Gorham reflects on East Providence High football coaching career


EAST PROVIDENCE — This time, it's really happening.

East Providence High School head football coach Sandy Gorham has pondered the thought of giving up the reins of the Townies a couple of times in the recent past, even actually pulling the trigger on the decision once before only to change his mind.

But when he decided last month to formally submit his resignation, it was for good. His two-decade stay on the sideline for his alma mater was officially over.

Gorham made his intentions known to school administrators and his student athletes about six weeks ago, the latter being a highly-emotional exchange.

"Like I told the kids, everything has a beginning and an end. This is the end for me," Coach Gorham said Wednesday, June 4, during an interview in his office at the high school.

"The kids were upset. There were a lot of tears shed. I cried," he continued, nearly choking up again as he remembered the moment. "It was almost like being at a funeral procession. Every kid in the room came up to me and shook my hand, gave me hug. It was very emotional. It was a very difficult thing to do."

That day would have been almost as hard as telling his youngest son, Luke, he wouldn't coach him like Mr. Gorham had done at E.P. with his two older boys, Ryan and John. In fact, the chance of coaching Luke in the near future was one of the key factors leading Mr. Gorham to step away from the Townies.

He is leaving East Providence, not his teaching job, for a position on the staff of Bill McCagney at neighboring Barrington, the town in which the Gorhams now reside. Luke, by his father's side at EPHS games since he was a toddler, is entering Barrington Middle School in the fall.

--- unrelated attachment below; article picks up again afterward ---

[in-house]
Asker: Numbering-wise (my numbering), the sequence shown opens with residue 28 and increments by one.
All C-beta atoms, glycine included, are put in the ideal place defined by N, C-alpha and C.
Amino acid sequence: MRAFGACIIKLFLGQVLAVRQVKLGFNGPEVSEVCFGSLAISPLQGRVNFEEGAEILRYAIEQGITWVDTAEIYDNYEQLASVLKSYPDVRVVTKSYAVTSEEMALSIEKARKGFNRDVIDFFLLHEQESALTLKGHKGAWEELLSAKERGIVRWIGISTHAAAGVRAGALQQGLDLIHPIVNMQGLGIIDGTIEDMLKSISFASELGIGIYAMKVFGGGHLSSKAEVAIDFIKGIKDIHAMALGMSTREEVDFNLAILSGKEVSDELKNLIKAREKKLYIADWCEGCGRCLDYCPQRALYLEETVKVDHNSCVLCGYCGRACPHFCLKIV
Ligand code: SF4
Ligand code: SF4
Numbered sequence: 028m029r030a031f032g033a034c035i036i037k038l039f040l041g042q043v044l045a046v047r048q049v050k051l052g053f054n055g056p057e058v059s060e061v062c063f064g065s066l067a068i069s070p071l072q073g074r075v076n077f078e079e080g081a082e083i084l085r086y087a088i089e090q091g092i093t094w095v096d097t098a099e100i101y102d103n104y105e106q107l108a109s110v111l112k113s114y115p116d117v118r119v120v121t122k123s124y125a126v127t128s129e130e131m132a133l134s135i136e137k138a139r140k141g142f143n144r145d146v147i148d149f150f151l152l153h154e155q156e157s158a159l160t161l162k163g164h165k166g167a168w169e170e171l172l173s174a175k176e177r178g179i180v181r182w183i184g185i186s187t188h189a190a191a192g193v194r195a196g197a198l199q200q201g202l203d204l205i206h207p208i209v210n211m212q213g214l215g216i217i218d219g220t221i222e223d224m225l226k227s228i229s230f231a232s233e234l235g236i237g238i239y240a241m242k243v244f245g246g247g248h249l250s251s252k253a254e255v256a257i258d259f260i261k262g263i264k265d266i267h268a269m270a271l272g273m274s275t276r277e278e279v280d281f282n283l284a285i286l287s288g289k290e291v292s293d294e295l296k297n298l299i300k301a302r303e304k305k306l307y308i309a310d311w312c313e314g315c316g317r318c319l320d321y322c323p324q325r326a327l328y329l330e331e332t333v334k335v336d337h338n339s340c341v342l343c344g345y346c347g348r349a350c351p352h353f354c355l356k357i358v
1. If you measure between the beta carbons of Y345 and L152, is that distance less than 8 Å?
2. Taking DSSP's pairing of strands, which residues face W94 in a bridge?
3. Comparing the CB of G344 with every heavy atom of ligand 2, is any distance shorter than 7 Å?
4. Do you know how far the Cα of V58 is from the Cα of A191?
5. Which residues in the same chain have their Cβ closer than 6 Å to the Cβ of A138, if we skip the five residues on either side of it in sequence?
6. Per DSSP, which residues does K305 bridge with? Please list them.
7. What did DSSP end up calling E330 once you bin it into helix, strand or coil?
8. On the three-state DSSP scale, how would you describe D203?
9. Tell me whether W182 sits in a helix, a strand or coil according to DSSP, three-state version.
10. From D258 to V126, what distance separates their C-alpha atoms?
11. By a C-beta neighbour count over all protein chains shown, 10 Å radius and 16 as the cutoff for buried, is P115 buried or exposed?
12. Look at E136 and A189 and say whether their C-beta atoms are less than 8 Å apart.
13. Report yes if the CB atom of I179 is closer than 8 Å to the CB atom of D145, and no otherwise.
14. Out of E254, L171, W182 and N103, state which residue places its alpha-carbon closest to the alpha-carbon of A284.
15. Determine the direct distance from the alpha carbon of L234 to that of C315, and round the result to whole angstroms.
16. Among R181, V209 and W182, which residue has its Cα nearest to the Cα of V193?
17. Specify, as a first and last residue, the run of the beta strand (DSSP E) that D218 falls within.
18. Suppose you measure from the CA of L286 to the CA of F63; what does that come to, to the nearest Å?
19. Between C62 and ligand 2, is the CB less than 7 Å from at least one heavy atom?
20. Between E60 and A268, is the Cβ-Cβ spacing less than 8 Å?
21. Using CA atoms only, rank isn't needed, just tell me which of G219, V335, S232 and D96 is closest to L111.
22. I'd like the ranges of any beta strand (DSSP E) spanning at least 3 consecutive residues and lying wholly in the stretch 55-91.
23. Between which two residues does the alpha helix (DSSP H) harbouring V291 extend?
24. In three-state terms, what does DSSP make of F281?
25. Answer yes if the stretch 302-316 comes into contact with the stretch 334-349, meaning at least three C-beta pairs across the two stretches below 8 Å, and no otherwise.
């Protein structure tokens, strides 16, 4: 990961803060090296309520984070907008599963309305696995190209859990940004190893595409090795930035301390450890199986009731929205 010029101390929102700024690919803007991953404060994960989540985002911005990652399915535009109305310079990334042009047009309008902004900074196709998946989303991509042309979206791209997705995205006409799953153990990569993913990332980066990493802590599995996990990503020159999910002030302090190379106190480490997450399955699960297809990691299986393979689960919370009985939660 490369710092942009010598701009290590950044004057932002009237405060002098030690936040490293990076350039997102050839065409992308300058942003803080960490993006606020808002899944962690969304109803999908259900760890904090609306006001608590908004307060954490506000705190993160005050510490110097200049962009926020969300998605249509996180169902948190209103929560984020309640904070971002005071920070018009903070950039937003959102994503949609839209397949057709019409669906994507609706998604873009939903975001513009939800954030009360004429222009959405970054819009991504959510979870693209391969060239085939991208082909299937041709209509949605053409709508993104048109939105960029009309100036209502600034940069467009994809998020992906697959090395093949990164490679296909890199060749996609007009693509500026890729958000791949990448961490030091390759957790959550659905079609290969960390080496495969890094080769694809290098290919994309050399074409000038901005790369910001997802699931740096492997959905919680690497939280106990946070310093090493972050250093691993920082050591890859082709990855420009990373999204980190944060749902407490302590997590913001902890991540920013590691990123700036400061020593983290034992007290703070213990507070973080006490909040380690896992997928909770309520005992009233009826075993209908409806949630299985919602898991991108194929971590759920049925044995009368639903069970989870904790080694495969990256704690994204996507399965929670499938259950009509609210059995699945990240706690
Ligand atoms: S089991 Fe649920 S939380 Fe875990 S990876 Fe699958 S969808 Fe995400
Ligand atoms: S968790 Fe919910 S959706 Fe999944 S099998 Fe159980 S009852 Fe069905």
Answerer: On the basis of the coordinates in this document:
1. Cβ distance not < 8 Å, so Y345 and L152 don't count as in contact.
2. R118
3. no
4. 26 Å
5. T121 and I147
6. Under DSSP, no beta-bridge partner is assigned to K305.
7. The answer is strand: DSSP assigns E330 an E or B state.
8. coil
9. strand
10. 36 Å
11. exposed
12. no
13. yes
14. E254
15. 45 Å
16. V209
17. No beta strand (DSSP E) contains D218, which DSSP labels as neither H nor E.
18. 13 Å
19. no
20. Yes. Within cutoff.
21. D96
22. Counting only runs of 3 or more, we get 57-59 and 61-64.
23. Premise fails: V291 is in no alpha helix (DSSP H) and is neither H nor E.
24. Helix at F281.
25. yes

"I'm leaving for a couple of reasons. No. 1, I've spent my entire like coaching other people's kids. Luke was constantly asking me if I was going to coach him like I had with Ryan and John. I'm an older dad. I'm 62. I want to spend as much time as I can with Luke. So when this opportunity came up to be an assistant at Barrington, I couldn't pass it up," Coach Gorham explained.

"And so I started thinking about my son and I also began to wonder about what has happened here the last couple of (losing) years. I was wondering if the kids were hearing me as well as they had in the past," he continued. "I still have as much passion as I've ever had about coaching the game of football, but I started to think maybe it was time for the kids in East Providence to hear a different voice.

"I didn't want to be Willie Mays playing centerfield for New York Mets. I didn't want to get to the point where the kids weren't hearing me like they used to."

For the large majority of his time in the position, the players at EPHS heard the words of Coach Gorham and his staff loud and clear. The Townies won five, fully a third, of the school's 15 state titles during his tenure, reached two other championships games and made 16 playoff appearances in all.

"No one was more proud to wear the red-and-white than I was," Coach Gorham said. "I'm an old-school, old-time Townie. I was raised here. I played here. To be the coach of East Providence High School football was a dream for me, a joy for me.

"We went to seven Super Bowls, won five. We could have won a few more if the breaks went our way here or there. I loved every second of it, even the last few years as we struggled. Of course, I'm proud of all we accomplished, but I'm just as proud of the fact that last year when we won only a couple (two league) games, we ended with 60 of 61 kids on the team who started the year."

Gorham's career as the EPHS coach started with a rebuilding job before he quickly turned the Townies into a juggernaut.